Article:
|Ambush Bugs - Masters of Camouflage|
Order Hemiptera / Family Phymatidae Laporte, 1832. From the stegosaurus-like plates to the little horns on their head to the ocelli on bumps to the Venus-flytrap-raptorial forelegs, what's not to like?
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This ambush bug has captured a cabbage white butterfly (Pieris rapae) and is in the process of sucking out its body fluids by means of its rostellum, or beak. Other types of bugs use this organ for sucking plant juices, but not the ambush bug. These stealthy critters sit very still on or near flowers, their superb camouflage allowing them to remain undetected while an unwitting butterfly or other unfortunate happens by to gather nectar. They then seize their prey using front legs adapted for the task - these legs resemble the front legs of the praying mantis. It is a ferocious bug indeed that takes prey 10 times its own size.
Like all true bugs, ambush bugs undergo simple metamorphosis, from egg through nymph and adult stages. Clusters of eggs are laid by overwintered females when the weather warms in springtime. After hatching, nymphs undergo from 4-7 molts, shedding their exoskeleton as they grow, eventually reaching the adult stage.
Ambush bugs are often lumped in with another family, the Reduviidae, which are commonly called Assassin Bugs. Both Phymatidae and Reduviidae are distinguished from other families by their short, 3-segmented rostrum (rostellum), or beak. The beak is used variously to pierce, inject poison into, and suck juices out of prey. Bugs in other families have 4-segmented rostrums more often adapted to simply sucking fluids from plant tissue.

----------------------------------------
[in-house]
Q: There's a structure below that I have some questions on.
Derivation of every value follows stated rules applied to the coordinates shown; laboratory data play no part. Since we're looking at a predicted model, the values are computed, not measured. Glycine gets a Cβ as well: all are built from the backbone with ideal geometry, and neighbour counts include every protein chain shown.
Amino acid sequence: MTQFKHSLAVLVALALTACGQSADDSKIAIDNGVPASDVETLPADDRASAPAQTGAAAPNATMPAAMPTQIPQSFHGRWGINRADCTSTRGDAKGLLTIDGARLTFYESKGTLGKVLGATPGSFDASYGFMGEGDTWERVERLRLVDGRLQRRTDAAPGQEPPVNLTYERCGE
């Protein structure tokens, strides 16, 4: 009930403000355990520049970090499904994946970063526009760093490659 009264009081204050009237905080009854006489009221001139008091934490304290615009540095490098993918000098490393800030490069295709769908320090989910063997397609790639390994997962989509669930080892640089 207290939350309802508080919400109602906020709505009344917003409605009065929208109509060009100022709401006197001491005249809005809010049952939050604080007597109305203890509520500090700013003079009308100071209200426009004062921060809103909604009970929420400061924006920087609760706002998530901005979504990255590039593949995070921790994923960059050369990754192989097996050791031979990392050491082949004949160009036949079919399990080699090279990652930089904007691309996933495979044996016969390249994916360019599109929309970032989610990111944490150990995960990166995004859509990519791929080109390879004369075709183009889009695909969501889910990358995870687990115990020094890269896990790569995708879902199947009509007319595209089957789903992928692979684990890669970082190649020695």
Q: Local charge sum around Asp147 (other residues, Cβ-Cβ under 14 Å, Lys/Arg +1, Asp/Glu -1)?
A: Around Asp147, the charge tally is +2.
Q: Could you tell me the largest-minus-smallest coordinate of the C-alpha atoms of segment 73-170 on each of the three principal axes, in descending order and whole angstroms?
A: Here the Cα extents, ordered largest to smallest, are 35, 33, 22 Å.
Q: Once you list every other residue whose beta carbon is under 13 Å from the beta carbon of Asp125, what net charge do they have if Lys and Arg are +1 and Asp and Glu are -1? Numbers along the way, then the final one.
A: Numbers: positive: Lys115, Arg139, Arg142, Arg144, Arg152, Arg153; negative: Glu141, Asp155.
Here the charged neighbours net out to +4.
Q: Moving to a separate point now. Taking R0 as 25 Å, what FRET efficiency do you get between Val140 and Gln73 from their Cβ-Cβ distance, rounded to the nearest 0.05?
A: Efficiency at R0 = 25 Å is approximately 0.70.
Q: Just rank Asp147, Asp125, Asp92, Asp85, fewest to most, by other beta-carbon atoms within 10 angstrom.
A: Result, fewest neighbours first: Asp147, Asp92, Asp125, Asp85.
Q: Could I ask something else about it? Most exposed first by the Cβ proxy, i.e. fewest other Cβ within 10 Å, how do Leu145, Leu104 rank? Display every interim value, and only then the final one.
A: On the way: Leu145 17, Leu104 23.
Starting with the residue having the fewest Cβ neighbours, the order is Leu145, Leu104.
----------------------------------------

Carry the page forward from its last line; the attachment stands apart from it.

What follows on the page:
Ambush bugs can fly, but do so poorly, and generally only between adjacent flowering plants. I've never seen one do it.
There is anecdotal evidence some bugs in these two families can inflict painful bites on humans; in particular, the wheel bug, so-called for the peculiar structure on its thorax resembling an involute gear or radial saw blade.
Raptorial (adapted for grabbing and holding prey) forelegs are visible on this mating threesome.
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Hemiptera was first recognized by Linnaeus in the Systema Naturae of 1758.
True Bugs species number almost 5,000 in North America, and 40,000 worldwide. Bugs have hypodermic needle-like mouthparts that allow them to extract fluids from plants and animals. Hemiptera Index
Suborder Auchenorrhyncha - Cicadas & Planthoppers
Suborder Sternorrhyncha - Aphids, scales, mealybugs, jumping plant lice